3. Are our tax workpapers optimized for production?  Firms should have a standardized process and format to organize tax source documents, particularly 1040s.  While many firms use their audit engagement binder and a standard index for business returns, 1040 source documents are often organized towards a specific partner or reviewer’s preference.  This should instead be a standard firm format, which can be done best with today’s digital bookmarking tools.  Applications such as CCH FxScan, Thomson Source Document Scanning, Drake Gruntworx, and SurePrep automate the organization of recognized tax documents to a single standard.
  4. Do we have a centralized way of managing tax workflow?  Tax workflow is comprised of many functions including due date tracking, assigning returns, updating return status, linking source documents, and delivering them to the client. Unfortunately, many firms have developed individual processes for each of these requirements which traditionally were not integrated.  This is where today’s workflow tools bring all these processes into one application such as XCM, Thomson Reuters FirmFlow, CCH Workstream, Doc.It Workflow or your practice management project application.  Take a look at any manual spreadsheets or ancillary tax tracking applications that your personnel are using and ask if those processes can be done within your existing practice management tool or consolidated into a single workflow application.
  5. Are we delivering tax data the most effectively?  When you consider the time and cost to print, bind, and mail a tax return, and then have clients also wanting a digital copy, you quickly realize that digital delivery results in significant savings.  Firms should make a proactive effort to educate clients on using a secure portal or email solution before the next busy season so that it becomes commonplace and clients begin to expect invoices, engagement letters, and organizers to be delivered the same way.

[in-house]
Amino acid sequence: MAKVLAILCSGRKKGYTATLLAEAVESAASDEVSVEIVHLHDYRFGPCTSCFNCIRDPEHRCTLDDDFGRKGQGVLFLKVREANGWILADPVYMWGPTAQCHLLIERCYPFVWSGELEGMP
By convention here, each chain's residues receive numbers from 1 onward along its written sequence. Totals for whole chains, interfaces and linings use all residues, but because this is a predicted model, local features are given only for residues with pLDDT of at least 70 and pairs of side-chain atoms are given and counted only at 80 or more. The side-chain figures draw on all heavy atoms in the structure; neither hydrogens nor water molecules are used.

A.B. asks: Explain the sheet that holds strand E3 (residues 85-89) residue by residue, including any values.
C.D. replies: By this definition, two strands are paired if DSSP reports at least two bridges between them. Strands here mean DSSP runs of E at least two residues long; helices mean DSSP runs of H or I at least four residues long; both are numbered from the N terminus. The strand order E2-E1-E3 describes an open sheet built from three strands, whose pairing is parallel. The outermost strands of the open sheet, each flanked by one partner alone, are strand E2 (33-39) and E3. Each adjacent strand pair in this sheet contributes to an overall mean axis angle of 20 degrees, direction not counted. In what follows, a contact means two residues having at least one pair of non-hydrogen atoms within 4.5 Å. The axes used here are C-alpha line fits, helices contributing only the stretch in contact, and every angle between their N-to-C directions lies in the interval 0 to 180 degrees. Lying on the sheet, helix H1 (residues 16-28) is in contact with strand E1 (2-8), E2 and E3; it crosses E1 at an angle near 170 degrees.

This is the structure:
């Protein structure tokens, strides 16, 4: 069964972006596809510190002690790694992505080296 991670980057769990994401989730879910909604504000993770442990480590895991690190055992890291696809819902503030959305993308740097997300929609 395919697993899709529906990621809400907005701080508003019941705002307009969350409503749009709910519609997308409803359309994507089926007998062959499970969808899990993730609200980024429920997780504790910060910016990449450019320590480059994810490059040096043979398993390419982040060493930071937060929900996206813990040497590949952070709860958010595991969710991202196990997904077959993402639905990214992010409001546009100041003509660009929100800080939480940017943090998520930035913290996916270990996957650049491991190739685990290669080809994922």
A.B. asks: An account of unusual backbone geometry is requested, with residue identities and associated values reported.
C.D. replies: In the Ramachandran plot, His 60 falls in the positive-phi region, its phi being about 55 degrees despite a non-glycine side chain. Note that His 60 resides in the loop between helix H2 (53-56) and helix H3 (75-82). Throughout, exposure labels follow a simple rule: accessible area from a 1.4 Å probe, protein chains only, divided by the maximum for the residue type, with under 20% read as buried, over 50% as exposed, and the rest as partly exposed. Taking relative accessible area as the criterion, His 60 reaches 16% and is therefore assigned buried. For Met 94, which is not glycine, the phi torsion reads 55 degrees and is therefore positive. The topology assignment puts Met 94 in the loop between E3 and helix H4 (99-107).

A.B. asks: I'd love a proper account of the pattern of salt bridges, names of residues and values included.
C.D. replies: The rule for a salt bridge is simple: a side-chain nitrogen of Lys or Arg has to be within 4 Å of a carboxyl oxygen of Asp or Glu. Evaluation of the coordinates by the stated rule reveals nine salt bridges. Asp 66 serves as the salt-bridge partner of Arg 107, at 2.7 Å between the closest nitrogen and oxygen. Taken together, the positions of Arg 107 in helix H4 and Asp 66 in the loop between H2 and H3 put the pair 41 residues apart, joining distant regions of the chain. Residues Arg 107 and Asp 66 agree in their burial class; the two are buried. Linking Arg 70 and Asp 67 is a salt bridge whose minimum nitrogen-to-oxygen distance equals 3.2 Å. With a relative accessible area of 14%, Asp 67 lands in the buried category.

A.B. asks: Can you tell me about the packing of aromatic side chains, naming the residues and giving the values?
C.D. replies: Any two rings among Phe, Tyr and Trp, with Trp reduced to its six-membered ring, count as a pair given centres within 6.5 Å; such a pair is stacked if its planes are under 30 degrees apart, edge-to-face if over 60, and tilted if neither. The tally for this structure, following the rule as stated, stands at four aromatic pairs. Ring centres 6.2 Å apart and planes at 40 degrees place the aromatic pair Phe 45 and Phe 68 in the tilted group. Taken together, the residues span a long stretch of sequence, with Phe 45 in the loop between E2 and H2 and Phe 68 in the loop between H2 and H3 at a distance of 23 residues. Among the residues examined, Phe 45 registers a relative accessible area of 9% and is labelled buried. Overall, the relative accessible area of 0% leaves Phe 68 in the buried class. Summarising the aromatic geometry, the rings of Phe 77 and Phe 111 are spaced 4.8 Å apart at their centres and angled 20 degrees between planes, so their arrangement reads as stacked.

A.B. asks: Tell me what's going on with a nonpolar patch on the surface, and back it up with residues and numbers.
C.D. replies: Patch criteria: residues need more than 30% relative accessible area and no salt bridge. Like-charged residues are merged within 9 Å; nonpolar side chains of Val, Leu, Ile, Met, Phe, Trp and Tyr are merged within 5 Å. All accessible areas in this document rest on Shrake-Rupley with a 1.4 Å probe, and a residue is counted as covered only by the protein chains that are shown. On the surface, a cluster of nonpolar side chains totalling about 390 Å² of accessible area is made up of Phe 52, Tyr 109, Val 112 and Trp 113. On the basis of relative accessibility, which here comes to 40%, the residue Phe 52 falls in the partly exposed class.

6. Where can we find tax best practices and solutions?  While staff are good at identifying bottlenecks, they may not always know what production solutions are available.  Best practices point to having your firm administrator or tax application champion network with peers either within your CPA firm association or at conferences.  The AICPA Practitioners Symposium and Tech+ Conference (June 5-8, 2016-Las Vegas, NV) and CPAFMA National Practice Management Conference (June 27-30, 2016-Baltimore, MD) provide the first opportunities of the summer, followed by the Vendor User Conferences in the fall.

Firms understandably focus their tax production improvements on preparation and review, but can also gain significantly by looking at the administrative components.  Take time to sit with your administrative staff and go through the above questions to make a more productive firm.

Roman H. Kepczyk, CPA.CITP, CGMA, LSS BB is the Director of Consulting for Xcentric, LLC and works exclusively with CPA firms to implement today’s leading best practices and technologies incorporating Lean Six Sigma methodologies to optimize firm production workflows. Roman is also the author of the 2016 Edition of “Quantum of Paperless: A Partner’s Guide to Accounting Firm Optimization” which is available to members of the PCPS section.